In this case, an aid group hopes taking from the poor -- and giving to the poor -- could be an effective way to help the biggest slum in Africa.
In Kibera, Kenya, which until recently had no access to clean water, there are few toilets and no hospitals or clinics. But there’s a vast amount of valuable street art that could bring in a significant amount of funds to the impoverished area.
Back in 2009, famed street artist JR painted murals of local women’s eyes and faces on rooftops in Kibera as part of his “Women Are Heroes” series. The struggling residents were receptive to the project since JR used water-resistant materials that would help protect their homes.
Since then, though, many of the pieces have deteriorated. But while those that haven’t continue to increase in value, the pieces are at risk for getting stolen or crumbling in the heat.
That’s why WaterisLife, which provides clean water, sanitation and hygiene programs, decided to take the intact murals, auction them off and use those funds to improve water and sanitation in Kibera.
Deutsch Inc. came up with the concept about two years ago, and WaterisLife used its connections on the ground to open the residents up to the idea.
The advertising agency reached out to JR twice about the campaign, but he declined to participate, Frank Cartagena, creative director at Deutsch NY, told The Huffington Post.
WaterisLife worked with a local security team to engage with residents who had the murals painted on their dwellings. Many were unaware of the paintings' value, but were willing to give them up when the organization offered to replace the murals with new corrugated metal rooftops.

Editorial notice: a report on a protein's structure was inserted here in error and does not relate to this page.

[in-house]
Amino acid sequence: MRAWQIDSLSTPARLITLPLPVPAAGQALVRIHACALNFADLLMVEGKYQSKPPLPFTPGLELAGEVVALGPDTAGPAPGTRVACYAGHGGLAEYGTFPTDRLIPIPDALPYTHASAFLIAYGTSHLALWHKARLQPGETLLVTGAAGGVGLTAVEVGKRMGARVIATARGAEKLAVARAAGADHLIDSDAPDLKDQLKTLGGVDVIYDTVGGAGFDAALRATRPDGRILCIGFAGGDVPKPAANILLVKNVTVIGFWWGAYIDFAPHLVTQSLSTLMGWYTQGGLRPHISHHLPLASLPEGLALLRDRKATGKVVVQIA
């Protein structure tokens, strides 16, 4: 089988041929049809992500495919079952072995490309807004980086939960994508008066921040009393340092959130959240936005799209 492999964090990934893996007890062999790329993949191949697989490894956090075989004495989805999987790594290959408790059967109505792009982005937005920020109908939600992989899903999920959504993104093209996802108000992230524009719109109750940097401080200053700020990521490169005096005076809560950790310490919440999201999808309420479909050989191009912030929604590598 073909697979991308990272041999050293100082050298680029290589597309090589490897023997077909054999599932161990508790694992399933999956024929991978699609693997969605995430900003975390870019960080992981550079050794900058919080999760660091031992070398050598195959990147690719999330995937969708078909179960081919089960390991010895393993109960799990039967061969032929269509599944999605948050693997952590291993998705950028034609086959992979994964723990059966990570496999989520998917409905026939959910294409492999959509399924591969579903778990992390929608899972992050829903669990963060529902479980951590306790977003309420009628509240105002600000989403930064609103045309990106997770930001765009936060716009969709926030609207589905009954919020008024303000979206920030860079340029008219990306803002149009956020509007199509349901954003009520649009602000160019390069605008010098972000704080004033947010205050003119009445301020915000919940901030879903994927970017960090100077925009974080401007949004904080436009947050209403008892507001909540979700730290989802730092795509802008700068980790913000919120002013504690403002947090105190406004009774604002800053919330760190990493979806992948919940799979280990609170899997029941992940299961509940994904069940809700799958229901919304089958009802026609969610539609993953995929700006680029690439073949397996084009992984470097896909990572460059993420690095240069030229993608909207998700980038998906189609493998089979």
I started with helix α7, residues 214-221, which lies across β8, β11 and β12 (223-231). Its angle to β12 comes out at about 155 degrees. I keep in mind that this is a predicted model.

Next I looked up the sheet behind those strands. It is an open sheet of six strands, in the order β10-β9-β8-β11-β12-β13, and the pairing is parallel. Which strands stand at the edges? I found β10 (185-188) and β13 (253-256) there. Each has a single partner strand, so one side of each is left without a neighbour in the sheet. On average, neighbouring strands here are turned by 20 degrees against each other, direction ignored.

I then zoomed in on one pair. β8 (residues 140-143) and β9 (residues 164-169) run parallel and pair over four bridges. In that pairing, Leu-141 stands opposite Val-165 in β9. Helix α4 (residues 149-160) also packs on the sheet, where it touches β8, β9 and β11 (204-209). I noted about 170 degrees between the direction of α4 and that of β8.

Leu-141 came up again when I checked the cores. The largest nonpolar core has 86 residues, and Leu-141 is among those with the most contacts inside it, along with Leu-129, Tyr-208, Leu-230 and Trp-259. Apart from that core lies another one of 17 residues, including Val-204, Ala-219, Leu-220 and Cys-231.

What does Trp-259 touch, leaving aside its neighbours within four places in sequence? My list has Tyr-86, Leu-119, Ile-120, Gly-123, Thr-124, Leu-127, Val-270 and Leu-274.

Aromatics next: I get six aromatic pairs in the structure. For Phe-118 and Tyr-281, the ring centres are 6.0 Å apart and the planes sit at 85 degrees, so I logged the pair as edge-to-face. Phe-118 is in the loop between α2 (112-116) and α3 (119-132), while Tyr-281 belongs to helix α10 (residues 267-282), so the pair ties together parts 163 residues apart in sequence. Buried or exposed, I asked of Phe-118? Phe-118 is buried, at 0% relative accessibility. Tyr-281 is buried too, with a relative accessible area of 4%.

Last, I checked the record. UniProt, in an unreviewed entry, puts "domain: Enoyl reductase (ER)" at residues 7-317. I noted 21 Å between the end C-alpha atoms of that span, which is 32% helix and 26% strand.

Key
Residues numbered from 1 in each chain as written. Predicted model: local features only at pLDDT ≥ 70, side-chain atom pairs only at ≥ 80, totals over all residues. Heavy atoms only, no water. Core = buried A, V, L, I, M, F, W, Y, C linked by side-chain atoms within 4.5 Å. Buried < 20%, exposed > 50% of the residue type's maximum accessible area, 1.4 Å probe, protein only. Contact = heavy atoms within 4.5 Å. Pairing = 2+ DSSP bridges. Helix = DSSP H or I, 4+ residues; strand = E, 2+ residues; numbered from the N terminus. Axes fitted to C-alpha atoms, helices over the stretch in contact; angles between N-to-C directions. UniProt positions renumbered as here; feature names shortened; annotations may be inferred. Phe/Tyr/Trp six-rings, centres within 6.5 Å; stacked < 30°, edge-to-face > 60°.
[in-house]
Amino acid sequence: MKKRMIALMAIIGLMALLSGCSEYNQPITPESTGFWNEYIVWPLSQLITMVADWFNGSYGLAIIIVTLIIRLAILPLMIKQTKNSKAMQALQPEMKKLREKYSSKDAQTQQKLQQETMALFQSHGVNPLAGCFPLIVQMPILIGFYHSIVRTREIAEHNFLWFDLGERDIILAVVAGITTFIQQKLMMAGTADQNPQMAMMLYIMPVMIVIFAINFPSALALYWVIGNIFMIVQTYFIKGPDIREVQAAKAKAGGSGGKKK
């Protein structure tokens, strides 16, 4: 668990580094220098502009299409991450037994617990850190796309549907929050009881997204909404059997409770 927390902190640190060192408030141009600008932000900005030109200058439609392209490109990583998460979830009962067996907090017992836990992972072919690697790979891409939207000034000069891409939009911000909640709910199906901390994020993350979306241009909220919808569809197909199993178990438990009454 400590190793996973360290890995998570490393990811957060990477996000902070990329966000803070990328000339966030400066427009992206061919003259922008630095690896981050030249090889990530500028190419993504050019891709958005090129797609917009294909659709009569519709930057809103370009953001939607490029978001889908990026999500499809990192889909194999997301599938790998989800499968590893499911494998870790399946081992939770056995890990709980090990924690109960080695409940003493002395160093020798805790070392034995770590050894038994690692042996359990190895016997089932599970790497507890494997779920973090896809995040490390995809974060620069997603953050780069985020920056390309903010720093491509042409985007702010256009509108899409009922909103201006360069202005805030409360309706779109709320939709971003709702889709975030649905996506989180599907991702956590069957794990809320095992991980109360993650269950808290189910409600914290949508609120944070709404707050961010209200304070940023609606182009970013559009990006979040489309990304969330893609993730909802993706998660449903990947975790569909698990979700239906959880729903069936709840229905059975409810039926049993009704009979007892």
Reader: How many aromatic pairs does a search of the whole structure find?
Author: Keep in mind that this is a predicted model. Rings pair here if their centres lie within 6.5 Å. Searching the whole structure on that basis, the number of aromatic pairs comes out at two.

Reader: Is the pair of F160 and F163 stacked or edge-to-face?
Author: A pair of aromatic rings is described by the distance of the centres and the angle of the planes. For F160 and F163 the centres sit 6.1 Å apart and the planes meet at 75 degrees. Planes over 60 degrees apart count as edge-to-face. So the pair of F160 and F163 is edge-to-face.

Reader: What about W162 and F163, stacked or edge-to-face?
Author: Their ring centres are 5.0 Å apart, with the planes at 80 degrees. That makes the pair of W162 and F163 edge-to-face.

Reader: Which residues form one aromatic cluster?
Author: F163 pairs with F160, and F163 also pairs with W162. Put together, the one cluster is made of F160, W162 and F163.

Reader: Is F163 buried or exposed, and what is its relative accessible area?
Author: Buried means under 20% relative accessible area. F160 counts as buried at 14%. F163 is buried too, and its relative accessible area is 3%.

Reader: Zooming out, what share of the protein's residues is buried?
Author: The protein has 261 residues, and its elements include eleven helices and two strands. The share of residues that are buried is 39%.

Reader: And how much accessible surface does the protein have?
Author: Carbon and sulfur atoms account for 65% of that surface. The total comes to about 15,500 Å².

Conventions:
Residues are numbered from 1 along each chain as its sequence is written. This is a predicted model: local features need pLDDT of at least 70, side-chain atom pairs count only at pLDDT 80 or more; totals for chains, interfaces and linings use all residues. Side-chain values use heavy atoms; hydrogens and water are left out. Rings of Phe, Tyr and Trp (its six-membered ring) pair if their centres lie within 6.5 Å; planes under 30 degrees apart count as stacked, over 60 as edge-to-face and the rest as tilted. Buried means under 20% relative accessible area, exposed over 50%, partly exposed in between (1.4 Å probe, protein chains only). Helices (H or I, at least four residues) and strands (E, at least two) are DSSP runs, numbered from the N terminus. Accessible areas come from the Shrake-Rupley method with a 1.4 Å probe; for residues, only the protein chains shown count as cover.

“It’s like it’s raining inside my house," one resident told Deutsch of how the mural failed to provide enough coverage.
The campaign removed two pieces at first from the slum. The group recently went back and got four more.
The goal is to sell 10 pieces altogether, valued at $400,000. So far, once piece has sold for $10,000, Cartagena told HuffPost.
The funds will be used for a number of infrastructure programs, including installing a 5,000-gallon-per-day water filter, building a community hand-washing station and repairing hand-washing outlets for 4,000 school children, among other initiatives.
While the organizers behind the campaign certainly ramped up the drama behind executing the "heist," the executives pointed out that it was really the efficiency of the operation that sold them.
“Most charity advertisements have to ask people for donations. We didn't," Cartagena and Sam Shepard, both creative directors at Deutsch, said in a press release. “We simply saw something of value that would have otherwise gone to waste and used it to make a direct impact for the people of Kibera.”
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